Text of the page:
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Evolutionary anthropology

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Title: Evolutionary anthropology  
Author: World Heritage Encyclopedia
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Subject: Anthropology, Sociobiology, History of evolutionary thought, Human evolution, Outline of anthropology
Publisher: World Heritage Encyclopedia

Evolutionary anthropology

Evolutionary anthropology is the interdisciplinary study of the evolution of human physiology and human behaviour and the relation between hominids and non-hominid primates. Evolutionary anthropology is based in natural science and social science. Various fields and disciplines are:

Evolutionary anthropology is concerned with both biological and cultural evolution of humans, past and present. It is based on a scientific approach, and brings together fields such as archaeology, behavioral ecology, psychology, primatology, and genetics. It is a dynamic and interdisciplinary field, drawing on many lines of evidence to understand the human experience, past and present.

Studies of biological evolution generally concern the evolution of the human form. Cultural evolution involves the study of cultural change over time and space and frequently incorporate Cultural transmission models. Note that cultural evolution is not the same as biological evolution, and that human culture involves the transmission of cultural information, which behaves in ways quite distinct from human biology and genetics. The study of cultural change is increasingly performed through cladistics and genetic models.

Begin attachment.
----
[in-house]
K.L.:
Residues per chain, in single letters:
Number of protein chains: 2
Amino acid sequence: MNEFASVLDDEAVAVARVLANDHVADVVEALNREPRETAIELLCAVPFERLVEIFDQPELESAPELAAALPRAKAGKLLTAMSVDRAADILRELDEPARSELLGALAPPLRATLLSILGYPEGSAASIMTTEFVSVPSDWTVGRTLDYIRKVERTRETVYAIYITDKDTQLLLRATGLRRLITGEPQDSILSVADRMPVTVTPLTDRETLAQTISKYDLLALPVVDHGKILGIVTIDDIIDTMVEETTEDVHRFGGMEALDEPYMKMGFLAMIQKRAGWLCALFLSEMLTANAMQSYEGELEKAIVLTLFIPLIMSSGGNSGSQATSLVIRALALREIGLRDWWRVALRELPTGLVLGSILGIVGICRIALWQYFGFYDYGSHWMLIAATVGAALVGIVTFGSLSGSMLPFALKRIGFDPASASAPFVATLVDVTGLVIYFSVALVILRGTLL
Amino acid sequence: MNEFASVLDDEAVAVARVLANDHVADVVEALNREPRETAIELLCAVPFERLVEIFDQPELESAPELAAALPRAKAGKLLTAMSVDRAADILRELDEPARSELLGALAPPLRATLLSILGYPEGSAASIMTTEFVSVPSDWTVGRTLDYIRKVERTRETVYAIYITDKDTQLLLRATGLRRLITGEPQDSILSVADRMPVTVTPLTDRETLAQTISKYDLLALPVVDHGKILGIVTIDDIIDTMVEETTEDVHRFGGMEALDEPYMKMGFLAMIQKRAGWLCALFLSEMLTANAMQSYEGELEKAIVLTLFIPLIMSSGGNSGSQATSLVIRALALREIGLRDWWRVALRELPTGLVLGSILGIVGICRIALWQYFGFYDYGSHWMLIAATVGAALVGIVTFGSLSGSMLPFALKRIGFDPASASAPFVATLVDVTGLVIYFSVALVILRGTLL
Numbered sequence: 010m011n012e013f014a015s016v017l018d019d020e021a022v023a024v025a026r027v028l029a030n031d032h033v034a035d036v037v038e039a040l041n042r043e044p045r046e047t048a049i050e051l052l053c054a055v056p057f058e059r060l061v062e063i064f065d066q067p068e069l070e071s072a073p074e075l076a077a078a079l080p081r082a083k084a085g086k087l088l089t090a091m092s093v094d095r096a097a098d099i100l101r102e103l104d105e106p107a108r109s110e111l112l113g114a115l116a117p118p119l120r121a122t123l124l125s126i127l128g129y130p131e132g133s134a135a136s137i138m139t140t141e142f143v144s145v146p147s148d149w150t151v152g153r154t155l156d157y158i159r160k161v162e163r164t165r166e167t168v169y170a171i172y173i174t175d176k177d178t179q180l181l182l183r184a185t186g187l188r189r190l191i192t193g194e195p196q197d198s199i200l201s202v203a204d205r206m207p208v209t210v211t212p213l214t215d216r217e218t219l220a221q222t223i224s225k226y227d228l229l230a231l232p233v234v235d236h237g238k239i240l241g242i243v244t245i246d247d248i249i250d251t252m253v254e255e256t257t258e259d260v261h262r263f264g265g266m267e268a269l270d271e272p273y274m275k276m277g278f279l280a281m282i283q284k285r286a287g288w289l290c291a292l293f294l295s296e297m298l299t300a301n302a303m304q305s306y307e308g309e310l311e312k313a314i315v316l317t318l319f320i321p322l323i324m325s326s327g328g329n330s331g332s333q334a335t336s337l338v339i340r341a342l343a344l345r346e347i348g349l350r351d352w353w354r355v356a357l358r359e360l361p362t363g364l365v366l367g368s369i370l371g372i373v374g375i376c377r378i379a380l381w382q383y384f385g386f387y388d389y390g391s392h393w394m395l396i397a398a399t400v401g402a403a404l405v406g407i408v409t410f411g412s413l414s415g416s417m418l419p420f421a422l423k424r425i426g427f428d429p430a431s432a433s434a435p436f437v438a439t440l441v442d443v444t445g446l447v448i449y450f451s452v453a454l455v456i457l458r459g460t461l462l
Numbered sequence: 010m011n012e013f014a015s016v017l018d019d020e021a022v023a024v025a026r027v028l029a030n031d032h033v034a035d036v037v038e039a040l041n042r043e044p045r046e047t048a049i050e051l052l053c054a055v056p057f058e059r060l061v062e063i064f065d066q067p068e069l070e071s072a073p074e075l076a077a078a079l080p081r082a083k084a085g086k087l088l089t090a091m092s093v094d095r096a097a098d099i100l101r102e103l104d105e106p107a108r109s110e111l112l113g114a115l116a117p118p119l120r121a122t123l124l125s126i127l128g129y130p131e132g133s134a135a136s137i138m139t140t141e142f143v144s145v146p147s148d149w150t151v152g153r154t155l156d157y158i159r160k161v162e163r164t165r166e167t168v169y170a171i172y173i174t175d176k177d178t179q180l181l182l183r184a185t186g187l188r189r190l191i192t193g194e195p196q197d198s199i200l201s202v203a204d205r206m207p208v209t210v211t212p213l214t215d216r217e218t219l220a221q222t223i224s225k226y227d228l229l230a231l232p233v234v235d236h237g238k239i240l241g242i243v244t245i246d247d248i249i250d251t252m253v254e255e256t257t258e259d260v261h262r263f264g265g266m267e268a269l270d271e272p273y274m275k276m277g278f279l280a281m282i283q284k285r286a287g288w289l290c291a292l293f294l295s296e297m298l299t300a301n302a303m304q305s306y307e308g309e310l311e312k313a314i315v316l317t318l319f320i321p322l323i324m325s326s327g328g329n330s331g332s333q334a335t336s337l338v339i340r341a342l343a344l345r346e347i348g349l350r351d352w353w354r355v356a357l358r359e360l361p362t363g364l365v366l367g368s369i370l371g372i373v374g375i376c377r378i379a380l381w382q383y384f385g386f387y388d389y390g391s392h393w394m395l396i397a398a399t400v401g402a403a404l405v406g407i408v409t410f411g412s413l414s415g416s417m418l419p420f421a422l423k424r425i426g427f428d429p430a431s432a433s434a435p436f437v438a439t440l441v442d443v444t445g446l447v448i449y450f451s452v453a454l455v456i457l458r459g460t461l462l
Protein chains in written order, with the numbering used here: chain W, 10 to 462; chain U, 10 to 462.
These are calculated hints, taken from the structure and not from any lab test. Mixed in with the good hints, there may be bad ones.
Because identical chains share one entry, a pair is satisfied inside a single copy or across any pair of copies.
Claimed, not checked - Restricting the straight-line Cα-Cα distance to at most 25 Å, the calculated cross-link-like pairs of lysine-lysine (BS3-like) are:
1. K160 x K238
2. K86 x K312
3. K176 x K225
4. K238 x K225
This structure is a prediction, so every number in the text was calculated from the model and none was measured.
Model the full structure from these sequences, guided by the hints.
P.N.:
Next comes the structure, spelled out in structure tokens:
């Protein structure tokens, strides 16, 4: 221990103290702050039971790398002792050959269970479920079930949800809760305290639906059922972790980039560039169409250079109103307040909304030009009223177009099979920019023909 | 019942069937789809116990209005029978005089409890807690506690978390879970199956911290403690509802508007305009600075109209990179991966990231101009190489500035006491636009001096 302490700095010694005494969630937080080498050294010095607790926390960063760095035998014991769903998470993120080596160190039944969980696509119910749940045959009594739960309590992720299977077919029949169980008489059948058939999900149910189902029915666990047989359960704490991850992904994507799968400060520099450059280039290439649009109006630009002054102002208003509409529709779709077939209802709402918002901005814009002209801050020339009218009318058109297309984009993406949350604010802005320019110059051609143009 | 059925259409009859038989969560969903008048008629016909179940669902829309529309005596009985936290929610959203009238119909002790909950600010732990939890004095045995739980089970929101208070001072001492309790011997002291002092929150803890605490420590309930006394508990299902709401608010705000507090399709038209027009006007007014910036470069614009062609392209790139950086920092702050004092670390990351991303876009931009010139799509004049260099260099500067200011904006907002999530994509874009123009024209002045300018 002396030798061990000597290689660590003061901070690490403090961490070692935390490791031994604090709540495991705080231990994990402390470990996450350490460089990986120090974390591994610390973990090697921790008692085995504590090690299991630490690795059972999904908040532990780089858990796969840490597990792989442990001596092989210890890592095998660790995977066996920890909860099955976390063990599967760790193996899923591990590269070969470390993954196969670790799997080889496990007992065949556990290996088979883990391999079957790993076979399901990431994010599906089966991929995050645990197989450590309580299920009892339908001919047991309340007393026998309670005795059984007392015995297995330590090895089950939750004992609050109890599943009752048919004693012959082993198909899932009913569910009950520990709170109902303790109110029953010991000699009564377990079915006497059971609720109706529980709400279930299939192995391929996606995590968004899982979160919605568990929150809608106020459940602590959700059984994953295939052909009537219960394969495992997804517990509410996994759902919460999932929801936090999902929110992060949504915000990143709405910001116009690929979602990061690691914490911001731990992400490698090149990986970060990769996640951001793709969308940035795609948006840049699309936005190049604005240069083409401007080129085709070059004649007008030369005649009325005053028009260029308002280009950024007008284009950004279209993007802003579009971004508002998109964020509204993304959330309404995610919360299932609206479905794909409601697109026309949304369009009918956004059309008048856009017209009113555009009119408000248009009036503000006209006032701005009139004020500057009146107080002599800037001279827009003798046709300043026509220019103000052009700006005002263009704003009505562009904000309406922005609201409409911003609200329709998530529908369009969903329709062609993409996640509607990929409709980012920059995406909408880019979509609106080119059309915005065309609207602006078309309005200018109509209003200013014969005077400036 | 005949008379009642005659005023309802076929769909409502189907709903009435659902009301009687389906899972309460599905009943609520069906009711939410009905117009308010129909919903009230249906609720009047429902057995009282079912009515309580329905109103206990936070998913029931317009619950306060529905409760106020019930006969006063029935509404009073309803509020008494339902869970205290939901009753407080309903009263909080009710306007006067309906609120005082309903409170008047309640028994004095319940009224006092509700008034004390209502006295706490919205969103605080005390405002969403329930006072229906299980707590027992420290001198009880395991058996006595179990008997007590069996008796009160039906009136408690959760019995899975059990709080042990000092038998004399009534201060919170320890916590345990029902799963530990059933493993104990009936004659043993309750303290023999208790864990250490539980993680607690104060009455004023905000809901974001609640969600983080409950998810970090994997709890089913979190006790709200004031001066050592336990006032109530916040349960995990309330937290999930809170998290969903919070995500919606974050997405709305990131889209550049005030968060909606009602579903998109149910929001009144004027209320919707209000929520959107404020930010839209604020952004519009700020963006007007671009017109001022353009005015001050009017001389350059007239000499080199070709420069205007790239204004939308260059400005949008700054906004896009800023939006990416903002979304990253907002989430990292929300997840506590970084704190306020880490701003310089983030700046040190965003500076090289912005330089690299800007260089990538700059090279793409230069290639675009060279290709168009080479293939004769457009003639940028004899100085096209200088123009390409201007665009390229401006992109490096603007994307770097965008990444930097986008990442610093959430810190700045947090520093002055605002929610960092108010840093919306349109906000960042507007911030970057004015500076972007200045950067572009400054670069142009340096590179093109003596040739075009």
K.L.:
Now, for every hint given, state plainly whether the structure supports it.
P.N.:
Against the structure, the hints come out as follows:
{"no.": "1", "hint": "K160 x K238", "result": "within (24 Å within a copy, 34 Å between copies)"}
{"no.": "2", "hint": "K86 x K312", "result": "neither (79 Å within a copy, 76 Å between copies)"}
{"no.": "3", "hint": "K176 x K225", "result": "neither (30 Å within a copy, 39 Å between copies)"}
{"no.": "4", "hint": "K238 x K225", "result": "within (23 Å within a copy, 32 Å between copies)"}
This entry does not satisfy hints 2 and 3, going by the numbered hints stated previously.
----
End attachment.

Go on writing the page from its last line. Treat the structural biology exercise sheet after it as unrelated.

See also

External links

  • Evolutionary Anthropology Society
  • Max Planck Institute for Evolutionary Anthropology
  • Evolutionary Anthropology Journal
  • Institute of Human Origins at Arizona State University
  • Becoming Human Program of Institute of Human Origins at Arizona State University
  • Institute of Cognitive and Evolutionary Anthropology of the University of Oxford
  • Evolutionary Anthropology at California State University, Fullerton
  • Centre for Human Evolutionary Studies at Rutgers, State University of New Jersey
  • Graduate Program in Evolutionary Anthropology at Rutgers, State University of New Jersey
  • Evolutionary Anthropology Program at Washington State University
  • Evolutionary Anthropology at Duke University
  • Evolutionary Anthropology Research Group at Durham University
  • Department of Human Evolutionary Biology at Harvard University
  • Human and Evolutionary Biology Program at University of Southern California
  • Evolutionary Anthropology Program at the University of New Mexico
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